Earliest recorded use of fire by a Government land manager to reduce fuel levels on public land.

Fireguards in place - see Instructions to Fireguards.
February – March. Including ’Black Sunday’ – February 14th - Forest fires burn across large areas of Gippsland throughout February and into early March. Sixty lives are lost and widespread damage occurs to farms, homes and forests.

See also: YouTube Video

The 1925/26 Fire Season: 426 fires, Total Area Burnt 395000 ha, comprising 193500 ha of Reserved Forest and 201500 ha of Crown Land. (Source: FCV Annual Report 1925/26)

The FCV takes on a key role in supporting Bush Fire Brigades.
Forest and Fire Responsibility in Victoria

A State Forests Department was established in Victoria in 1908. In 1918 the Forests Commission, Victoria (FCV) was formed to administer the relevant legislation and to manage the Department. From the outset a key requirement of the Department / Commission was to meet ‘…The need for an effective fire prevention and fire suppression organisation….’

Responsibility for the relevant legislation lay with the FCV until 1983. In that year the FCV was effectively incorporated into a new body, the Department of Conservation, Forests and Lands (CFL). That organisation’s successors in law have been the Departments of:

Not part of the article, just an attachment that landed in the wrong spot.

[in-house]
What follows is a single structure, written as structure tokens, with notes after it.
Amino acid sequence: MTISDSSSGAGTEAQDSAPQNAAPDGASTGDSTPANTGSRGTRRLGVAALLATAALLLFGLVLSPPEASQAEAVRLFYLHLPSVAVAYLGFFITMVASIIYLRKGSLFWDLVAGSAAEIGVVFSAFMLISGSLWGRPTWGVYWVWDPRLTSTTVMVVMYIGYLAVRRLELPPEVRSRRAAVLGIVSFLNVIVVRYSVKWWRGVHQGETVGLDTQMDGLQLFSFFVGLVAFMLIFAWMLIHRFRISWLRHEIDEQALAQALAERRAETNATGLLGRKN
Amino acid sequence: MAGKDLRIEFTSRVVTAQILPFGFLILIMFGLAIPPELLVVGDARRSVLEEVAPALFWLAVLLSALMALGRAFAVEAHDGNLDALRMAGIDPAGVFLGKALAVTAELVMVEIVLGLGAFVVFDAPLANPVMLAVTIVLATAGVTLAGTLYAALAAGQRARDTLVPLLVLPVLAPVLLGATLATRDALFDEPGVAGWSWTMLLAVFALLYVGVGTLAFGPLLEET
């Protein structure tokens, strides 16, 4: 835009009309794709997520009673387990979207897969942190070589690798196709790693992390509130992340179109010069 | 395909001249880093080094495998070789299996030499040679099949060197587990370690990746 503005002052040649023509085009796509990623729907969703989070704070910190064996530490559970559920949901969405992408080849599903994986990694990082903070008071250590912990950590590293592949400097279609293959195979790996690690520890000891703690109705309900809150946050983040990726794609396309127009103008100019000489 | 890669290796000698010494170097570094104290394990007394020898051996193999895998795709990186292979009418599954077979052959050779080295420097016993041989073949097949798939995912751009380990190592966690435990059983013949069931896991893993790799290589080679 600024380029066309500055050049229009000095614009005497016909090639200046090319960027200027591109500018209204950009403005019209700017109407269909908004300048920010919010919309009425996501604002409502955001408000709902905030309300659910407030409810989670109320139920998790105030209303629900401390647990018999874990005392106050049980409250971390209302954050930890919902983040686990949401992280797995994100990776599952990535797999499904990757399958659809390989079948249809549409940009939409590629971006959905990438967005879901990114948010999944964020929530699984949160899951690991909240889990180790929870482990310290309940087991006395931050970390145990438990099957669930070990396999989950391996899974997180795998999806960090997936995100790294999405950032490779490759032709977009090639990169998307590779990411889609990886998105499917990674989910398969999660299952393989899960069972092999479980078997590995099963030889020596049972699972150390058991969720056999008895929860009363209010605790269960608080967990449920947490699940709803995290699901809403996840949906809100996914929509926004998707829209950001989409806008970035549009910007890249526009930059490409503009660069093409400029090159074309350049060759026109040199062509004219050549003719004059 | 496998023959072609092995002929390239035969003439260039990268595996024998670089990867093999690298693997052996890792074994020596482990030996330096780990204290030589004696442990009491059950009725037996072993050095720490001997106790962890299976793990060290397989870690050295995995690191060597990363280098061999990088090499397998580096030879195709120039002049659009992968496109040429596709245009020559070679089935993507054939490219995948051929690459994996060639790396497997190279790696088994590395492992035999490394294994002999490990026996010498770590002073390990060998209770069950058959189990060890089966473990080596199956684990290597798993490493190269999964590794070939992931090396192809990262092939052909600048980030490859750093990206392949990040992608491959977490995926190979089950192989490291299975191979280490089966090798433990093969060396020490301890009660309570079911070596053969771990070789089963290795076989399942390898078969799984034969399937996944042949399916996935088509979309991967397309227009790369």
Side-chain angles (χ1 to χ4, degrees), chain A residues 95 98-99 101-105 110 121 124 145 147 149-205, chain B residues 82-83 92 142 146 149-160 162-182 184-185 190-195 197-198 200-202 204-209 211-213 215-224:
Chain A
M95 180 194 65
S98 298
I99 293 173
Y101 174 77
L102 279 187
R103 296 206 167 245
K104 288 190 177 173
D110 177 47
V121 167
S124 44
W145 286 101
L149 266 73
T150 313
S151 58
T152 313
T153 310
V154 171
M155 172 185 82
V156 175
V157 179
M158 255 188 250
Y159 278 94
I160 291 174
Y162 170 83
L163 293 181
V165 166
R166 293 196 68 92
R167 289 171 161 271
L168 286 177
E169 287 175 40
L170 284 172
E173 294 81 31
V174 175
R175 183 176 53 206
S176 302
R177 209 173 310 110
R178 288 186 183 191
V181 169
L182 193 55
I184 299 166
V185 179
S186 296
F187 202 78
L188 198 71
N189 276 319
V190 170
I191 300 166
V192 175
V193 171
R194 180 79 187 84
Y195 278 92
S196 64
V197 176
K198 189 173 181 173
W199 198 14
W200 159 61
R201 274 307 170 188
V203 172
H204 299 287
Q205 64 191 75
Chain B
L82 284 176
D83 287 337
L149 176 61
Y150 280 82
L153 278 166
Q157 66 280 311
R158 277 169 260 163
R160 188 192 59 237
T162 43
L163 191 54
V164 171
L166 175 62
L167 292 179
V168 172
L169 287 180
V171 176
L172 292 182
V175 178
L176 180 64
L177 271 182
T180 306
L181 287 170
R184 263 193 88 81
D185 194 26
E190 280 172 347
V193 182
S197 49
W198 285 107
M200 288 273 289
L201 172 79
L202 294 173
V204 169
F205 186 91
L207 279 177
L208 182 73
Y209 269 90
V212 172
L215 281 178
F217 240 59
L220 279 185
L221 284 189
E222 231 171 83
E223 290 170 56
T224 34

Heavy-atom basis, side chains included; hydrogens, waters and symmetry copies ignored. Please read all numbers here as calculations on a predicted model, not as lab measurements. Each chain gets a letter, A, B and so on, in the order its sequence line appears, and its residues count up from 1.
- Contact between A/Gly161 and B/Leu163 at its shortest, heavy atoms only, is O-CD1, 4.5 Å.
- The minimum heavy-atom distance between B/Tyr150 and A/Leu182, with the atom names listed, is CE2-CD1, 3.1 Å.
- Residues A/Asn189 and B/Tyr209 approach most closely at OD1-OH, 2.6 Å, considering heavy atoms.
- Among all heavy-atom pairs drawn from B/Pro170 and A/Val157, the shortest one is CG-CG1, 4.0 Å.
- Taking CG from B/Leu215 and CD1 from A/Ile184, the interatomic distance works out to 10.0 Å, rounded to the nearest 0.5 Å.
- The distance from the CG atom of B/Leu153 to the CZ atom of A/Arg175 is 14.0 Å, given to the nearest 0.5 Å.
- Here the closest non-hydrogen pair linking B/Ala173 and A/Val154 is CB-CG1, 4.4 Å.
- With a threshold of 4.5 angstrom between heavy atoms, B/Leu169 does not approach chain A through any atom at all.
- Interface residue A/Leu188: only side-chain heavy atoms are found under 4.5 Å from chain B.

• 1990: Conservation and Environment (DCE)
  • 1992: Conservation and Natural Resources (CNR)
  • 1996: Natural Resources and Environment (NRE)
  • 2002: Sustainability and Environment (DSE)
  • 2013: Environment and Primary Industries (DEPI)
  • 2015: Environment, Land, Water and Planning (DELWP)
  • 2023: Energy, Environment and Climate Action (DEECA)
Note also:
  • that the Land Conservation Council, which was formed in 1971, was to play the key role in determing the uses of public land in Victoria from that time.
  • that the Government exited the plantation business in 1998, when the plantation business was sold to Hancock Natural Resources Group to form Hancock Victorian Plantations (HVP). For fire management purposes, HVP would become an Industry Brigade under CFA legislation.
  • that in 2004, VicForests, a government commercial entity, was established to manage commercial timber harvesting on public land.

1 The Bush Fire Brigades in Victoria, Australia - AV Galbraith (Empire Forestry Journal, Vol 16, No.1, July 1937)

See also:

Community Bushfire Connection


Gillespie, J., Wright, J., Calder, S.W., Leonard, M.G., and Williams, B. (1994). A Fraternity of Foresters – A History of the Victorian State Foresters Association. Jim Crow Press, Daylesford, Australia.150 pp.
Moulds, F.R, (1991). The Dynamic Forest – A History of Forestry and Forest Industries in Victoria. Lynedoch Publications. Richmond, Australia. 232 pp.
Parliament of Victoria (2010). Report of the 2009 Victorian Bushfires Royal Commission. Volumes 1 – 3. Parliament of Victoria. 1141 pp.
Pyne, S.J. (1998). Burning Bush: A Fire History of Australia. University of Washington Press. 521 pp.
Pyne, S.J. (2006). The Still-Burning Bush. Scribe. 138 pp.
State Aircraft Unit, Victoria (2007). Some milestones in firefighting and forestry aviation in Victoria. SAU – Vic. 3 pp. (Article here)
Youl, R., Fry, B. and Hateley, R. (2010) Circumspice: One hundred years of forestry education centred on Creswick, Victoria. On-Demand Printers, Port Melbourne, Victoria. 278 pp.
Victorian Government – DSE (2010). History of helicopter rappel operations in Victoria. Victorian Government. 28 pp.